Homework 7 (due 11/12)
CSC 243

We talked about aspects of OO-programming in Python, covering classes, objects and methods, instance and class variables (Section 8.1), overloading operators (Section 8.4), and inheritance (Section 8.5). We did not go into full depth on all of the following subjects which I recommend to your attention:

We started on HTML, web-pages and parsers using OO programming (Sections 11.1 and 11.2). We'll continue that topic next week.

Submission: The homework is due by midnight (I will not accept late homeworks). You can submit your homework through d2l into the drop-box for this homework.

Please prepare your homework as a single file containing all answers (e.g. doc, docx, or pdf, not a zip file). When submitting programs, include the programs, together with screenshots of test-runs of your program (make sure screenshots are sized so the text is legible; resize and/or crop the images). For an example, see hwexample.docx. How to take screenshots? Check out screenshots for MAC, Windows, Linux. Unless I ask for it specifically, you do not have to submit separate files with program code or executables. If multiple files are necessary, please do not zip them up, just submit them separately.

1. (Reading Assignment) Read Sections 8.3 and 8.5, as well as Sections 11.1 and 11.2. We will skip Chapter 9 on GUIs entirely, feel free to check that out, it's good (if intricate) material. We will continue with more material from chapter 11 (including the case study).

2. (My Own Bank Account, 15pt) For this problem you need the second edition of the book, both problems are about bank accounts. Do Exercises 8.20 (page 281) and 8.40 (page 288) in the book. Read through both problem first, before starting on solving them, they are related.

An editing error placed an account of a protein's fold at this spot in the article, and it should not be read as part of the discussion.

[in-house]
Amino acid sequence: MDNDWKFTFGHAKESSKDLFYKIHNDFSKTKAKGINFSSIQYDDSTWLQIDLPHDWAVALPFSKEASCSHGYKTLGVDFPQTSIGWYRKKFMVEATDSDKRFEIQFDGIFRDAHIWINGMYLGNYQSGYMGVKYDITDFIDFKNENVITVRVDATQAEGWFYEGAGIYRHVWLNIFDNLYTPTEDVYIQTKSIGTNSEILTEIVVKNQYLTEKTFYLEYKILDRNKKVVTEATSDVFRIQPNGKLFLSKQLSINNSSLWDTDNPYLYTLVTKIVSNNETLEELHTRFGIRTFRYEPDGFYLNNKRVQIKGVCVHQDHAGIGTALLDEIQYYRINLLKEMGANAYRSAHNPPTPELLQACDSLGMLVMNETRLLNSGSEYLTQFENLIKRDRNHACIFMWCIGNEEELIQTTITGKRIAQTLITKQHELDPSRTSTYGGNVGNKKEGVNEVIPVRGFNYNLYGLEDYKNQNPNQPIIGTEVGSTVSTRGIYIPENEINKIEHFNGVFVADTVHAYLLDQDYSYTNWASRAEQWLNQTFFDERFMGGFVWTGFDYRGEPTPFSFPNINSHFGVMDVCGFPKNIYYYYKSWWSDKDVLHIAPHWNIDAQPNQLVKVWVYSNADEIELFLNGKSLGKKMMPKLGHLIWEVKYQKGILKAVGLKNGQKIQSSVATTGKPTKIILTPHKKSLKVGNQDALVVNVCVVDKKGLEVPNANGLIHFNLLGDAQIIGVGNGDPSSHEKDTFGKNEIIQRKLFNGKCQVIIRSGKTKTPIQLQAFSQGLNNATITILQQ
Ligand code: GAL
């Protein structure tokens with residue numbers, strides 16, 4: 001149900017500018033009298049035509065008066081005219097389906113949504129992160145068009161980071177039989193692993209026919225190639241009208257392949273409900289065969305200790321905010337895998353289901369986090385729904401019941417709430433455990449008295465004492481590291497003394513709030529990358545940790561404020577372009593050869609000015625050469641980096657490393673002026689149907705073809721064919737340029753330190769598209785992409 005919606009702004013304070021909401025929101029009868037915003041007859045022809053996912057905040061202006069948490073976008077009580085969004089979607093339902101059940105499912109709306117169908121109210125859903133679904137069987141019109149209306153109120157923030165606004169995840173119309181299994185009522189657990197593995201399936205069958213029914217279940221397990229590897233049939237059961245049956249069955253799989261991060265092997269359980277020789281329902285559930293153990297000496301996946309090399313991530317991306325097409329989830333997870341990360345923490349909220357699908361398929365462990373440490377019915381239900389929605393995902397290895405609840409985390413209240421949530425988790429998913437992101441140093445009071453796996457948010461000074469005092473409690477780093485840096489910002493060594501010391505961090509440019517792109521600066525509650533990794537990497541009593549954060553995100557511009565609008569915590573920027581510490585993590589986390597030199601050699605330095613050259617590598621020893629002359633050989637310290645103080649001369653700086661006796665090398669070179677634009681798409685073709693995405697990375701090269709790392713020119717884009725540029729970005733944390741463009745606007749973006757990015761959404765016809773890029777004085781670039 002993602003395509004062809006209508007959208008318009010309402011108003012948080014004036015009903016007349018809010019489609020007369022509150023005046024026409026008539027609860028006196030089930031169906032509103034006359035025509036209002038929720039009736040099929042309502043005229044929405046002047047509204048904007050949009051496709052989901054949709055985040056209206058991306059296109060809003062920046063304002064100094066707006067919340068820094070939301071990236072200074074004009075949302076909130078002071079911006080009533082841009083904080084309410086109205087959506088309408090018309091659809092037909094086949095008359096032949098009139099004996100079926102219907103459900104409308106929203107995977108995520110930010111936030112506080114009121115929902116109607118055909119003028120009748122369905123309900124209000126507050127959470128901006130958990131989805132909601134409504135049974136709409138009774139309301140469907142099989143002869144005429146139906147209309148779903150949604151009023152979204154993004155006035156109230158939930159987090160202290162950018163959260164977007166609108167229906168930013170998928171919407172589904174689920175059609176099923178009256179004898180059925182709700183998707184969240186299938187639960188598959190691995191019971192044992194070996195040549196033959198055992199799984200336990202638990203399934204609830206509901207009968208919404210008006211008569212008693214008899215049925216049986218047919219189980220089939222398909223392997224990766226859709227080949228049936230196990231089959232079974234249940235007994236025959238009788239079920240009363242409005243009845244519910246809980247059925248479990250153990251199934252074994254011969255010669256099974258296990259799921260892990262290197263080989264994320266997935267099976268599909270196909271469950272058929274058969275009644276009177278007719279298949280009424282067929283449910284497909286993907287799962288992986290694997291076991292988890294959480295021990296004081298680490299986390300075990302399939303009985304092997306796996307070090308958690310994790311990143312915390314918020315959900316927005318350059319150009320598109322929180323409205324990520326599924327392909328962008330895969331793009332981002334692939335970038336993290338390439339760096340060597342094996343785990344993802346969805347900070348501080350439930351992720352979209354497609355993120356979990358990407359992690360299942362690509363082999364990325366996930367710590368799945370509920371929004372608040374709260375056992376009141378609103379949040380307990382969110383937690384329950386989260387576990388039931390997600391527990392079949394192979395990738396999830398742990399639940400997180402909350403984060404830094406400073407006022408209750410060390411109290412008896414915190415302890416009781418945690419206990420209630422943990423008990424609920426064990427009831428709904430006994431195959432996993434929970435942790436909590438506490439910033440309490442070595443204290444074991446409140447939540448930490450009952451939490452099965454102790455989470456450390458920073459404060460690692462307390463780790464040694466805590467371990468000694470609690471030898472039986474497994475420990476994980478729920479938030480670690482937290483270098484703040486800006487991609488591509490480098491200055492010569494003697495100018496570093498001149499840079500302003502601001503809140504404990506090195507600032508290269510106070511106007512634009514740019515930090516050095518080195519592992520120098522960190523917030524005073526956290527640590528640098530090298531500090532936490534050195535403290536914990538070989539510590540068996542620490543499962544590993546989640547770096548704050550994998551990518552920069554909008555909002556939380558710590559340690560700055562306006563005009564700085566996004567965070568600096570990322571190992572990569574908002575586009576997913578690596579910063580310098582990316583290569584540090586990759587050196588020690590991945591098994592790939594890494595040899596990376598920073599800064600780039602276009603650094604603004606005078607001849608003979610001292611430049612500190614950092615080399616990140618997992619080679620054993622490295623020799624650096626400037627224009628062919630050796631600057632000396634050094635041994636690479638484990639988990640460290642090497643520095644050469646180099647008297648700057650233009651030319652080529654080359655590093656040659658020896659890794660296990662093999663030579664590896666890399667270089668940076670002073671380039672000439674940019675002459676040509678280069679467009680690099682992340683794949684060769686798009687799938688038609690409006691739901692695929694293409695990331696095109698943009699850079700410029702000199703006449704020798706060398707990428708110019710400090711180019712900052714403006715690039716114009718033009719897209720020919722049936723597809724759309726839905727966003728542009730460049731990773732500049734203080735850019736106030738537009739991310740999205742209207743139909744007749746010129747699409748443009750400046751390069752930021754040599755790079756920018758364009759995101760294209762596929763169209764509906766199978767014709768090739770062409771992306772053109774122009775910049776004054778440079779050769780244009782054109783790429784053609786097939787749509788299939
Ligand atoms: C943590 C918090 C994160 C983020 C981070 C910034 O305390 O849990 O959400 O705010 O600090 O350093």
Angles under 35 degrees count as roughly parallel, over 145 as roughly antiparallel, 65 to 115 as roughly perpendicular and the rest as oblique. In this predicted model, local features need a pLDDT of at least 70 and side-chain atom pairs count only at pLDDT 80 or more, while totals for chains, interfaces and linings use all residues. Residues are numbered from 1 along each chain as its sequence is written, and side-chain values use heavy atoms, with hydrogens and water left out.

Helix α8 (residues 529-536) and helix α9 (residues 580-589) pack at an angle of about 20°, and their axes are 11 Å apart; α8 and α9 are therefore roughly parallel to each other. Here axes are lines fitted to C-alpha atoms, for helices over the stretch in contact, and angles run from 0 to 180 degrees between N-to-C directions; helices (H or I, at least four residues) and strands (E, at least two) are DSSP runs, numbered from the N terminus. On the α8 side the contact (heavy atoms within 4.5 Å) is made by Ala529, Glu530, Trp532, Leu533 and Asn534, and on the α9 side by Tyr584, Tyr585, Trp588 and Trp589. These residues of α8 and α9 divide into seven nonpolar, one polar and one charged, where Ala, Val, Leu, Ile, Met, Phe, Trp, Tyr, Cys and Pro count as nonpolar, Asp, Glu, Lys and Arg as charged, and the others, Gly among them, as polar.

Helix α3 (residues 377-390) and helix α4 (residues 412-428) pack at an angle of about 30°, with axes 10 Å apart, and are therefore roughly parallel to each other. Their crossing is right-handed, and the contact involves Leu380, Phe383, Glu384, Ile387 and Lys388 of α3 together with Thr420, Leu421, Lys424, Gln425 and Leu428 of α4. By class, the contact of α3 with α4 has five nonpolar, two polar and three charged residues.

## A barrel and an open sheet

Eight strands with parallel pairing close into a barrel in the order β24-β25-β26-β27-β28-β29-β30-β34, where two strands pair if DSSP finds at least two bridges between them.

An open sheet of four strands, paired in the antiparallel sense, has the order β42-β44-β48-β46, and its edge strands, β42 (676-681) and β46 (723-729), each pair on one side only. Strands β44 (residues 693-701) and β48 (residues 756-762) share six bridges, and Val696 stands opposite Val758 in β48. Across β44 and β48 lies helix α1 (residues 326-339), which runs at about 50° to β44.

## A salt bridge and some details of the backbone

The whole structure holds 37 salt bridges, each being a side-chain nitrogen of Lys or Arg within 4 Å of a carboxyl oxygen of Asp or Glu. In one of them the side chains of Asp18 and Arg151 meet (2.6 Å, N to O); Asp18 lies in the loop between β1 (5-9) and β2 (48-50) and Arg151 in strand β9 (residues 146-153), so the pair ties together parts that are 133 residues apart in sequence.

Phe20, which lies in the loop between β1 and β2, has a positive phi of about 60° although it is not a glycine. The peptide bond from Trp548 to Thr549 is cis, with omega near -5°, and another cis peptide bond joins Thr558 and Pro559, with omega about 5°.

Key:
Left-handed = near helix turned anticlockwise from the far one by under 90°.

3. (Overloading, 15pt) Write a class Interval which implements an interval of the real line: e.g. Interval(-3.5,10.2) represents all the (real) numbers strictly between -3.5 and 10.2, that is, upper and lower bound are excluded (mathematicians call this an open interval). Implement the following functionality:

Below is a test-run. Note: don't worry about implementing getter and setter methods for Interval, your methods are allowed to work directly with the underlying data.

4. (HTML Parser, 10pt) Write a parser that reports unclosed tags on your web-page. To do so, the parser needs to keep track of which tags are currently open (and in what order). When a tag is closed, check that the closed tag corresponds to the currently open tag. If it doesn't, then the currently open tag was not properly closed. Report the currently open tag, and discard it.Keep doing this, until the closing tag matches an open tag. At that point, proceed. For example, look at

<html><head><title>My Page</title>
<body>Hello World<br>How are you
Rest of Text. Lorem Ipsum

Everything is fine, up to </body>. At that point, we have the following open tags: <html>, <body>, <br>, <hr>. Since body doesn't close <hr>, <hr> is an unclosed tag. We report and discard it. At that point </body> doesn't match <br>, so we we report and dicard <br>. At that point the open tags are html, body, and </body> closes body. Now only <html> is open, and </html> dpes close <html>. This is the first test-run below. Note that <br> gets reported after <hr>, because we notice that <br> hasn't been closed first.

Hint: this is a bit trickier; I would start with our code for PrettyParser. Instead of keeping track of indentation level, keep track of open tags. In a first step, make the parser stop once you have found (and reported) _one_ unclosed tag. Then extend the handle_endtag method to report/discard all unclosed tags at that point before moving on (that will require a while loop). Partial credit for a working solution to the first-step approximation.


Marcus Schaefer
Last updated: November 6th, 2019.